|Duke Lemur Center, "Tonga Soa" means "Welcome" in Malagasy|
A year ago, in November, when we were in North Carolina for Thanksgiving, we did a family outing to the Duke Lemur Center located near Duke University in Durham, NC where a very knowledgeable docent gave us a tour of the facilities and told us more about lemurs than we ever knew before.
More than 200 lemurs live at the Duke Lemur Center. It is the largest group of lemurs outside of Madagascar and is a place where scientists learn about lemurs close-up and study them in ways that would be impossible in nature.
|Prosimians include lemurs, bush babies, and lorises|
Lemurs are prosimians that live on the island of Madagascar and the nearby Comora Islands. (The first prosimians lived 55 million years ago.) Lemurs once lived in every part of the island but now, due to habitat destruction, are found only around the edges. Wild lemurs often live high in the trees and in remote places and many are active only at night. It is hard to study lemurs where they live in the wild. The DLC provides the opportunity for scientists to learn more about these unusual and endangered animals.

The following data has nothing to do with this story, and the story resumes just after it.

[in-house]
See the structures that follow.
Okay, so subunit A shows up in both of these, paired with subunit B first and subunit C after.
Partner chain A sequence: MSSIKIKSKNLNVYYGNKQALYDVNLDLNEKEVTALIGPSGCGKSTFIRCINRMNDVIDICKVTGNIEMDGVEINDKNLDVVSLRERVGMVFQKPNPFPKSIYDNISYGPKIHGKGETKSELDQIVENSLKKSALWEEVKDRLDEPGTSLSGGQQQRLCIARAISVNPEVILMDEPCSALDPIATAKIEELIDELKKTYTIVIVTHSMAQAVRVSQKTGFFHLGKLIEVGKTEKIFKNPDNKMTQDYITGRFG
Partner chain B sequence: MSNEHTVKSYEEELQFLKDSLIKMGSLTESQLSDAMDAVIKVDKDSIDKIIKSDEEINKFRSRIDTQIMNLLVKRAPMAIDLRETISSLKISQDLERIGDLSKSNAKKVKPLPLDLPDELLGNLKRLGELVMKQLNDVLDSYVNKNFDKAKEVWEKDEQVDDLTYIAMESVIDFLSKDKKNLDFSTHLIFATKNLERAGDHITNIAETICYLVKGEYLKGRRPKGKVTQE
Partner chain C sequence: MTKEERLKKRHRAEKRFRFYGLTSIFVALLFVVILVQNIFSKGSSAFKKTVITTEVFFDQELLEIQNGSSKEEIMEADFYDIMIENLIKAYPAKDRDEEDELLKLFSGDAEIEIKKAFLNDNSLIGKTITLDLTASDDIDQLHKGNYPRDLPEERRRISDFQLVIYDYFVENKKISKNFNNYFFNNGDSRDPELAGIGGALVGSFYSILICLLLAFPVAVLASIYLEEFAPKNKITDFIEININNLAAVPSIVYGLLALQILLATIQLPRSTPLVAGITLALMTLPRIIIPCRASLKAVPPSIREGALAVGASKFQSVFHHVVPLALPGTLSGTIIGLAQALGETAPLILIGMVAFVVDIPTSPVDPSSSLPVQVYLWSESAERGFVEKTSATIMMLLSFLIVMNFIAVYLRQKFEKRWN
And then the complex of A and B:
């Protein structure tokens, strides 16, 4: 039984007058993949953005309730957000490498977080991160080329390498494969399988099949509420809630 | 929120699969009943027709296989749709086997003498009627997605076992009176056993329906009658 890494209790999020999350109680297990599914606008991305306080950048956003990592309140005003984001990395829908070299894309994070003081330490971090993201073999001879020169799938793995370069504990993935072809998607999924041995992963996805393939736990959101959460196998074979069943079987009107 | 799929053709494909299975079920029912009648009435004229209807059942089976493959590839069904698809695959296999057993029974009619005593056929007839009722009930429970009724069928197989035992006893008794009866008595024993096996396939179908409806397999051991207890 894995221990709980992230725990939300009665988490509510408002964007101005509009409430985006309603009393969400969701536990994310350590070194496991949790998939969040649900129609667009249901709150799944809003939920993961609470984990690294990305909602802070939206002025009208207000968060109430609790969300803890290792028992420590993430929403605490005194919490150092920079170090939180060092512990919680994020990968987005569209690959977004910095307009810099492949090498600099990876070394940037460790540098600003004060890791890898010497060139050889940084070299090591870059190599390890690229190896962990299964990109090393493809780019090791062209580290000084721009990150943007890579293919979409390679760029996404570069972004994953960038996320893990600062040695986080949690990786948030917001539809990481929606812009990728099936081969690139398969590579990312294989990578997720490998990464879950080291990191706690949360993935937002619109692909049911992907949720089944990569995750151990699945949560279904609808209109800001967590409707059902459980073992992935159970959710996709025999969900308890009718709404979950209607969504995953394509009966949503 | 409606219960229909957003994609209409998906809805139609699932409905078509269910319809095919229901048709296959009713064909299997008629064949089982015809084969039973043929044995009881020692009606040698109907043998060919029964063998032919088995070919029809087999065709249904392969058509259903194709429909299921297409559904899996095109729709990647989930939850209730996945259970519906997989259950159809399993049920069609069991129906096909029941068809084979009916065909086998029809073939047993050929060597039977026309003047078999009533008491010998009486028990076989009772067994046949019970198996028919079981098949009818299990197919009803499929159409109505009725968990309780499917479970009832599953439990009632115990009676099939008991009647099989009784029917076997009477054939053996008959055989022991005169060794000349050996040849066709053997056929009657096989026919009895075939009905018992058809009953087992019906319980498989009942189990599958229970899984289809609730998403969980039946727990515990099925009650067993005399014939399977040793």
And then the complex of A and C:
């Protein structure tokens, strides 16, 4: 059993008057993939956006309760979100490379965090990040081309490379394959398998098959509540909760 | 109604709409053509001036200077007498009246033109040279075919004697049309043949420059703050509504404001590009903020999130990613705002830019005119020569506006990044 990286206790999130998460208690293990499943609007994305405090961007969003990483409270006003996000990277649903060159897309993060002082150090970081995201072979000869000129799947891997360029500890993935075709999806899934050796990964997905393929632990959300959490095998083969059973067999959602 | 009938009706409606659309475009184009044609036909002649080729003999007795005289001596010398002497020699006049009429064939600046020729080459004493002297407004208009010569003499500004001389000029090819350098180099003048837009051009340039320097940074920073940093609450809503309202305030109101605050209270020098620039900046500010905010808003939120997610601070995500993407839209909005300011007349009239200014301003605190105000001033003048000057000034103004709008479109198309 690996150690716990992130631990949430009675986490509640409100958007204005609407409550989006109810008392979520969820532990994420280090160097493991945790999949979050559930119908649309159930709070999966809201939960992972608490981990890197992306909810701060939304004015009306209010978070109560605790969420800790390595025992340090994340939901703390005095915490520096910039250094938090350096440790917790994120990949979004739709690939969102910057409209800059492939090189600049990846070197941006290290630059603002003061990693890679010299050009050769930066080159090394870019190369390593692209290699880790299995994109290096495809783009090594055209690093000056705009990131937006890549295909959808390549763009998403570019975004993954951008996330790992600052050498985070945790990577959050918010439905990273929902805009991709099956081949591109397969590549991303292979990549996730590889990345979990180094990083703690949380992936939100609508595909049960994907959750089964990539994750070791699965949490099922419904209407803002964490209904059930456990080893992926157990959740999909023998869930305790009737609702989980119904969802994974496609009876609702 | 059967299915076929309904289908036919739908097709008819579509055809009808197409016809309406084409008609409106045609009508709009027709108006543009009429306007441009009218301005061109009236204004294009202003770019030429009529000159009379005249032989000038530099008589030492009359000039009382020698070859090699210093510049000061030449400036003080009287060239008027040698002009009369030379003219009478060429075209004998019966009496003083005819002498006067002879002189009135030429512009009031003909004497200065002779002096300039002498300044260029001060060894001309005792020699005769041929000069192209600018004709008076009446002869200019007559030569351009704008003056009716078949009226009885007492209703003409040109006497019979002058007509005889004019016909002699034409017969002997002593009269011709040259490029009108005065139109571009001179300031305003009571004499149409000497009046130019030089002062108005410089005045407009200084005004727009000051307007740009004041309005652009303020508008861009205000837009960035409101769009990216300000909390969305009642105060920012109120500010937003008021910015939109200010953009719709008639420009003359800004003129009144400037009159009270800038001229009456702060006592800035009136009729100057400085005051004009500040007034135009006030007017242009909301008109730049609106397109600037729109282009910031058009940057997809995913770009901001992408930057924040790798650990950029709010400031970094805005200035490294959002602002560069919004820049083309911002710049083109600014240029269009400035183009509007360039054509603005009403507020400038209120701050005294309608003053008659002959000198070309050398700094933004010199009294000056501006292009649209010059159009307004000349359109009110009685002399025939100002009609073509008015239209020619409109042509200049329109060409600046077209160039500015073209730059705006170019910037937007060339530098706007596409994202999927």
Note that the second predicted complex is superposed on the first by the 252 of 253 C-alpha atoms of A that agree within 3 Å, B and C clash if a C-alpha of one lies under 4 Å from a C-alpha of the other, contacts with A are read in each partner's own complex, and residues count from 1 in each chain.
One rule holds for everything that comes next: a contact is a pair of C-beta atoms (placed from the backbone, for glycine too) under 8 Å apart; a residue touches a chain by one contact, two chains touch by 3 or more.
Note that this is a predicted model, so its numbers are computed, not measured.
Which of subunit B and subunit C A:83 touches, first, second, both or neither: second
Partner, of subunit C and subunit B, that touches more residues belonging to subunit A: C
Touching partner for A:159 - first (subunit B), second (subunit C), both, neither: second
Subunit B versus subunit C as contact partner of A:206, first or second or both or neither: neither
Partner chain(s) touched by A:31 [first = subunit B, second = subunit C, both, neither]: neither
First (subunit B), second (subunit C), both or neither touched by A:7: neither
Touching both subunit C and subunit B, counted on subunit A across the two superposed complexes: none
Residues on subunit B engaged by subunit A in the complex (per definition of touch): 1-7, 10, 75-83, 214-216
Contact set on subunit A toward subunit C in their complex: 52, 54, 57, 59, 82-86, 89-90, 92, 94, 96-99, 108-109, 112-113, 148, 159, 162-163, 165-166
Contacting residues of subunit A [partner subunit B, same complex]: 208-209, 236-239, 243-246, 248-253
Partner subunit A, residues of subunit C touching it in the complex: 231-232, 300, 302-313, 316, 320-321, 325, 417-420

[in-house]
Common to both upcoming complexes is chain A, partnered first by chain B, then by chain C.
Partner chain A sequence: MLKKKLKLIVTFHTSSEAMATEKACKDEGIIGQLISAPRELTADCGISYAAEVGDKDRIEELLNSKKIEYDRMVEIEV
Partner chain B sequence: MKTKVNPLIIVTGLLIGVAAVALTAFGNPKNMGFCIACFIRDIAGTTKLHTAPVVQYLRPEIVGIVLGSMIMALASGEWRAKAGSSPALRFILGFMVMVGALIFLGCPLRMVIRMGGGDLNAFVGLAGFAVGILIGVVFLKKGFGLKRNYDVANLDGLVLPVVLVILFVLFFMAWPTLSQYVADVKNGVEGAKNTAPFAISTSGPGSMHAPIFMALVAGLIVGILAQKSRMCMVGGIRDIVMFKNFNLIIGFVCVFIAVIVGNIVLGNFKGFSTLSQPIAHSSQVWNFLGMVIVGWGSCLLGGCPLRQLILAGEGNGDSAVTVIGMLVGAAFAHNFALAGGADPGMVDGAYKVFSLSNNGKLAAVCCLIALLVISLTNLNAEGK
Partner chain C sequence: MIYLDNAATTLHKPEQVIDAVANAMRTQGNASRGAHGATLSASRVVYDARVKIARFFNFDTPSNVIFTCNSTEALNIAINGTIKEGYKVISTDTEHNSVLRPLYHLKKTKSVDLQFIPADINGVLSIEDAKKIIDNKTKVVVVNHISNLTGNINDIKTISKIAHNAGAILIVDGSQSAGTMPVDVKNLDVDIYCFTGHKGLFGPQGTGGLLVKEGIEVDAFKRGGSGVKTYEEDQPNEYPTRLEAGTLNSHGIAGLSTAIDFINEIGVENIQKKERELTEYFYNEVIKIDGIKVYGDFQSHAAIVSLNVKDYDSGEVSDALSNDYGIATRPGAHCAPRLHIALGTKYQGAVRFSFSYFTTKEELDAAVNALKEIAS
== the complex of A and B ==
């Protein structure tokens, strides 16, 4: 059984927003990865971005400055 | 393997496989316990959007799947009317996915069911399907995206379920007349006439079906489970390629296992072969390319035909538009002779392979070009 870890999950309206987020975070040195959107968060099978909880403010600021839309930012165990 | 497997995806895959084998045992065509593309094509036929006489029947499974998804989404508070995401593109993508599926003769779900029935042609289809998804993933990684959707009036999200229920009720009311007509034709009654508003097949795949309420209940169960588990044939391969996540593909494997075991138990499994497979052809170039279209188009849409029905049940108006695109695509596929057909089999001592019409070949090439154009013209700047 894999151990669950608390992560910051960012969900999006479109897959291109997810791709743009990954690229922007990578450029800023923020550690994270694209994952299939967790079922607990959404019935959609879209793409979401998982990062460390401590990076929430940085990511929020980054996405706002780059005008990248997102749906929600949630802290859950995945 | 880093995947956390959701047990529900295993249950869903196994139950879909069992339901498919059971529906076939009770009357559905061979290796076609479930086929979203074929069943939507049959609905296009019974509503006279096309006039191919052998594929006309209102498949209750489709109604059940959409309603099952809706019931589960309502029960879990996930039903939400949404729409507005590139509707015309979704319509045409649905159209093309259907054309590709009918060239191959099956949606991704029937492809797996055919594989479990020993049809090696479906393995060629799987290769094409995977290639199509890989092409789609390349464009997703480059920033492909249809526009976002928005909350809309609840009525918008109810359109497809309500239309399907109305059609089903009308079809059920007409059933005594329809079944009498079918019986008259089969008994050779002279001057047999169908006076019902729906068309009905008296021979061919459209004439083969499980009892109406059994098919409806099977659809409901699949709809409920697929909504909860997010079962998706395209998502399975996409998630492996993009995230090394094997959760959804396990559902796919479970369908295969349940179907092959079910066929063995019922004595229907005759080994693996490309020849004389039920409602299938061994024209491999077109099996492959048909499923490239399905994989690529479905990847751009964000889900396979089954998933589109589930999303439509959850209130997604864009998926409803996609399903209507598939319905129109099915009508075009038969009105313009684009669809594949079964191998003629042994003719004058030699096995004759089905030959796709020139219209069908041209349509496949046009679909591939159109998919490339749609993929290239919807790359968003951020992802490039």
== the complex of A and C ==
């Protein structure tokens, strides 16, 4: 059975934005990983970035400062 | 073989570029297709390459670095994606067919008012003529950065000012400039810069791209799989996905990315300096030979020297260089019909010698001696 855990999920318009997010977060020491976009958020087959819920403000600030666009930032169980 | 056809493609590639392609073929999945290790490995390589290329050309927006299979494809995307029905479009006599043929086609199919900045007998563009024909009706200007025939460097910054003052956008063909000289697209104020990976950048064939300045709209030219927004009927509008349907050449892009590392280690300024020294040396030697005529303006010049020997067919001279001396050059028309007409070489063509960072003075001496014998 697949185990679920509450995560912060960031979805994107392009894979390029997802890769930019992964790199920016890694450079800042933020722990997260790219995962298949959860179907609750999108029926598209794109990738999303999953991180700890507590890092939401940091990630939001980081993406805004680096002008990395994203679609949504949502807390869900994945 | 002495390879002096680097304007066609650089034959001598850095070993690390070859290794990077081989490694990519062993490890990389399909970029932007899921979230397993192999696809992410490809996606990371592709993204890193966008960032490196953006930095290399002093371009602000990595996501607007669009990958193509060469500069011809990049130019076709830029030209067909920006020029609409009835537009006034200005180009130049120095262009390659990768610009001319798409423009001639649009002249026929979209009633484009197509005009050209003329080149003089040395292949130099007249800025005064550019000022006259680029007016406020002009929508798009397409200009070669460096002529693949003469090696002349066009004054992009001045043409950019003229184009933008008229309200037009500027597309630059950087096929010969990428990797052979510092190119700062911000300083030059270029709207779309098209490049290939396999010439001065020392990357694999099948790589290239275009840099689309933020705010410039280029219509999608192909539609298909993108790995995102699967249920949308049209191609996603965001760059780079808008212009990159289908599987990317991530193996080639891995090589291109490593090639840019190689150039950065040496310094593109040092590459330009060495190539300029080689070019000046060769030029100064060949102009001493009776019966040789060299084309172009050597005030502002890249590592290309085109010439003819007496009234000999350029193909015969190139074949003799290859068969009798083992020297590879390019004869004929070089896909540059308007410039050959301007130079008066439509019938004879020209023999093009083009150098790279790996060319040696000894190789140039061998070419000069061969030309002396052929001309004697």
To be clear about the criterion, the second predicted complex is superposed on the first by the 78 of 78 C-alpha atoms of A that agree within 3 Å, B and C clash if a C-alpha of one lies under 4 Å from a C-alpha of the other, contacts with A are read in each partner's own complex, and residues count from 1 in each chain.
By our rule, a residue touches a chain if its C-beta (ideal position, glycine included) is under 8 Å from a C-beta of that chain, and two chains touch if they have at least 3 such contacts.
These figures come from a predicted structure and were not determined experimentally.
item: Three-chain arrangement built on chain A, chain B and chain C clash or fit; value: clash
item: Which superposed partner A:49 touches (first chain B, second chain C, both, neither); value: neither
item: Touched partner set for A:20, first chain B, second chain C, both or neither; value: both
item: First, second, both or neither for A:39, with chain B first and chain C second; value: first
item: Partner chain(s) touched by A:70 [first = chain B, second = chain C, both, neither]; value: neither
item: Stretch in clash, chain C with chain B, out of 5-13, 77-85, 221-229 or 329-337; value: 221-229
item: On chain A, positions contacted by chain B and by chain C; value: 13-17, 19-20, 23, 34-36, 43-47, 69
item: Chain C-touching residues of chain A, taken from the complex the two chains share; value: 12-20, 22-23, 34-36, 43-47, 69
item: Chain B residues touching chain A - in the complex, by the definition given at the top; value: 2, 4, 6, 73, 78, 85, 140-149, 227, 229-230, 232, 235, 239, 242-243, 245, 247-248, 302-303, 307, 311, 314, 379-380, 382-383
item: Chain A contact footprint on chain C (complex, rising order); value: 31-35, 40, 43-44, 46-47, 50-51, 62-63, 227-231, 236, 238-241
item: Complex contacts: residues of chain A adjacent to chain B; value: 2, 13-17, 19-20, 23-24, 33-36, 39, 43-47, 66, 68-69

|Sifakas in their Outdoor Enclosure|
Most of the lemurs at the DLC live in family groups in buildings with access to both inside and outside facilities. Each lemur has its own room with a door to an outside cage. Openings between cages allow the animals to be together or stay alone. We enjoyed watching the lemurs in their outdoor cages, where they scampered about, seeming to enjoy the bright, sunny day as much as we were.
|Map of Madagascar|
Many lemurs are nocturnal (which explains why they often have such large eyes.) At the DLC, the nocturnal animals occupy rooms that are dark during the day with the only light coming from low, red lamps, which has the effect of starlight or moonlight. Because it is dark, the lemurs move around as they would in the night, which allows scientists to observe their behavior without having to work in the wee hours of the night. At night, bright lights are turned on in the nocturnal room and the lemurs go to sleep. When we visited, it took a while for our eyes to adjust to the dark before we could see the animals.
In the warm months (April to October) some of the lemurs are allowed to live in the forest that surrounds the Research Center. There they explore, climb trees, and hunt for food just as wild lemurs do in Madagascar. A fence around the 14.3 acre forest allows them plenty of room to roam. In the forest, scientists observe the lemurs as they move about and interact with one another. Since we were there in November, all the animals were inside, but if you visit during the summer, there is an option of an outdoor tour.
Tours: To find out about tours of the Duke Lemur Center and how to make reservations, click here.